Applying The Three Levels of Performance

How Does Strategy Relate to Process Redesign?


There are a wide variety of models for strategy formulation, strategy execution, and process redesign. How do all three areas link together? 

The Evolution of Process Redesign

When the Rummler-Brache Group began first focusing on process improvement, our thrust was on the development and deployment of tools for analyzing and designing cross-functional processes such as order fulfillment, product development, pricing, and budgeting. It didn’t take us long to discover that our interventions in this area (called “Phase 2” in below Figure 1) were less likely to be effective and almost certainly to be inefficient if they weren’t preceded by some strong up-front planning... 


Linking Performance to Strategy

Linking Performance to Strategy


Before performance at any level can be managed, the expectations for that performance need to be clearly established and communicated. This need is particularly strong at the Organization Level. If we have not clearly defined the business we are in, we certainly cannot effectively design and manage the Organization Level of Performance or establish goals, structure, and management practices at the Process and Job/Performer Levels. Without the guiding hand of a clear strategy, we cannot be sure that we are allocating our resources appropriately, managing our critical business processes, and rewarding the right job performance.

To slightly alter the old Chinese proverb, “If we don’t know where we are going, any processes and jobs will get us there.” We will not add to the vast number of models, theories, and methodologies for strategic planning. Our objective is to identify those questions that need to be answered if an organization’s strategy is going to effectively guide the Three Levels of Performance ... 

Developing an Action Plan for Performance Improvement


Say you believe that the systems view of an organization represents the way work gets done. You are determined to manage each component of the system you manage. You agree that the tools at all Three Levels of Performance should be at the heart of any comprehensive effort to formulate and implement strategy, improve quality, productivity, cycle time, and cost, and design an organization that works. You have vowed to use the questions that support each of the Nine Performance Variables as the basis of your management system. However, you may feel a bit overwhelmed. At this point, your primary question is most likely “How do I start?”

One way to begin is by initiating a Three Levels project. Before there can be any widespread commitment to the Three Levels as a way of life in an organization, the approach must demonstrate its worth. The best way to make a short-term contribution and to show long-term potential is by applying the Three Levels tools to a strategic issue facing your organization. The following steps ...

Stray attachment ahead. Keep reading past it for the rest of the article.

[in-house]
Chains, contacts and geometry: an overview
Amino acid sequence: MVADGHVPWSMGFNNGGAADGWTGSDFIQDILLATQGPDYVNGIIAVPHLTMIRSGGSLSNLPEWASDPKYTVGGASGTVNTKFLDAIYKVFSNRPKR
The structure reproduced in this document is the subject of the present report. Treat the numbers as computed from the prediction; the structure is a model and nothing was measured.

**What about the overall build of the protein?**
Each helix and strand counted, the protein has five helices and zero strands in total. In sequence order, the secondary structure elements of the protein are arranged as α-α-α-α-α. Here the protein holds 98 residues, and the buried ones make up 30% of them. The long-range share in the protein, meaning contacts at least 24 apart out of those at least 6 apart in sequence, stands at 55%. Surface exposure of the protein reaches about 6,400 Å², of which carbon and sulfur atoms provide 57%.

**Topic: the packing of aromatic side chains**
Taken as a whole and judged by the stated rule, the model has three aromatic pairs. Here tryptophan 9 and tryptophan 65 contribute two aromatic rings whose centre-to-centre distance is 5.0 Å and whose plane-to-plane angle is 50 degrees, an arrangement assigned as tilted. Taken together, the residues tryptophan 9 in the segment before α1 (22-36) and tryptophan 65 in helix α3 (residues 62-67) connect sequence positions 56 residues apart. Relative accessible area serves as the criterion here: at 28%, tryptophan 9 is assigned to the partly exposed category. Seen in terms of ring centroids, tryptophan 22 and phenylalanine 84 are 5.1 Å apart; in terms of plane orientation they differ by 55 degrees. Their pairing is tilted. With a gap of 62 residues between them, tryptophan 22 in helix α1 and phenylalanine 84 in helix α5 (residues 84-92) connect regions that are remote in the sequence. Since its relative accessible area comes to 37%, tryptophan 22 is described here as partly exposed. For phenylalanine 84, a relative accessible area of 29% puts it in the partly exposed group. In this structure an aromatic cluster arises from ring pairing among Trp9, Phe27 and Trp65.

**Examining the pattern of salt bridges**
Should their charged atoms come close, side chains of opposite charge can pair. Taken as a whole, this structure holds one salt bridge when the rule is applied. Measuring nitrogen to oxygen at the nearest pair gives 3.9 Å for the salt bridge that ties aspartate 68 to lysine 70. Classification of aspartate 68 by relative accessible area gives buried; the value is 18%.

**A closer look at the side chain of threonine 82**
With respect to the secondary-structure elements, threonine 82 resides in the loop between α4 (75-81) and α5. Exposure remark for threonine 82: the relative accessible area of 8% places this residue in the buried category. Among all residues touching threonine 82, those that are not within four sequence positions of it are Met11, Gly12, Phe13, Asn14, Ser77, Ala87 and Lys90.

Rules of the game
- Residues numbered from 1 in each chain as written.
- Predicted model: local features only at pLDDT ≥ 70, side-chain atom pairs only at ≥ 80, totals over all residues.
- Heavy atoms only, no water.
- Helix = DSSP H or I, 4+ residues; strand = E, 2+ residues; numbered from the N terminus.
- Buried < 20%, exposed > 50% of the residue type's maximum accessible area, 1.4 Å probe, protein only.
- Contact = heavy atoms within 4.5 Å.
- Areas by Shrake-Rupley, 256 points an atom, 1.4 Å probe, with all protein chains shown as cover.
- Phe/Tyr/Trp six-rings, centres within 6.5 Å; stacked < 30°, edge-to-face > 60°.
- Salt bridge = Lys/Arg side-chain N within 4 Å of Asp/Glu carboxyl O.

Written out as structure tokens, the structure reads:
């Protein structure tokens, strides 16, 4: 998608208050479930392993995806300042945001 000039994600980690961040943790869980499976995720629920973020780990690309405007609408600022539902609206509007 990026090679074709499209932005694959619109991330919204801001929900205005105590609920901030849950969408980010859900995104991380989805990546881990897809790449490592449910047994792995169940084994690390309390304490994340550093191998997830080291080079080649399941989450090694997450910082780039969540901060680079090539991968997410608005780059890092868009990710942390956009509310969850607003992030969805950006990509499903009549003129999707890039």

Moving from Annual Programs to Sustained Performance Improvement


At most large and medium-sized organizations, top managers like to embark on performance improvement programs. These programs tend to have a focal slogan, which includes terms like quality, customer service, reengineering, and teamwork. They tend to be launched with a great deal of publicity. They are initially supported by a large expenditure of resources (often cited as a symbol of significant support from top management). Unfortunately, betterment programs frequently end up grasping at the shadow, rather than establishing an infrastructure for substantive, sustained performance improvement. For example, here is an excerpt from an issue of a Fortune 100 company newsletter:

With the presentations recently of two quality teams, the program closed its ledger and ended. From the five pilot teams, the program grew to 327 teams. Ninety-three presentations included cost savings. During its existence, the program became an integral part of the philosophy of participative management. It provided both tangible and intangible results, ...

Seven deadly sins

Overcoming the Seven Deadly Sins of Process Improvement


As with other performance improvement efforts (TQM, self-directed teams, Six Sigma, Lean, Just-In-Time inventory, etc.), most organizations can point to the results of their efforts: cost savings, quality improvements, and cycle time reductions. However, there has been more sizzle than steak, more activity than results. In our experience, most failures to realize the potential return on an investment in process improvement arise from committing one or more of the seven deadly sins.

Sin 1: Process improvement is not tied to strategic issues. One company in the food business was proud of its seventy cross-functional process improvement teams. When asked about results, executives mumble vague homilies about “culture change” and “empowerment.” Noble pursuits, no doubt, but what’s the increase in shareholder value? Almost every one of an engineering conglomerate’s dozens of business units has documented its processes. When asked how they’ve used these “maps,” they admit that they haven’t. Too many process improvement teams are convened to address self-selected “backyard” issues that are not  ...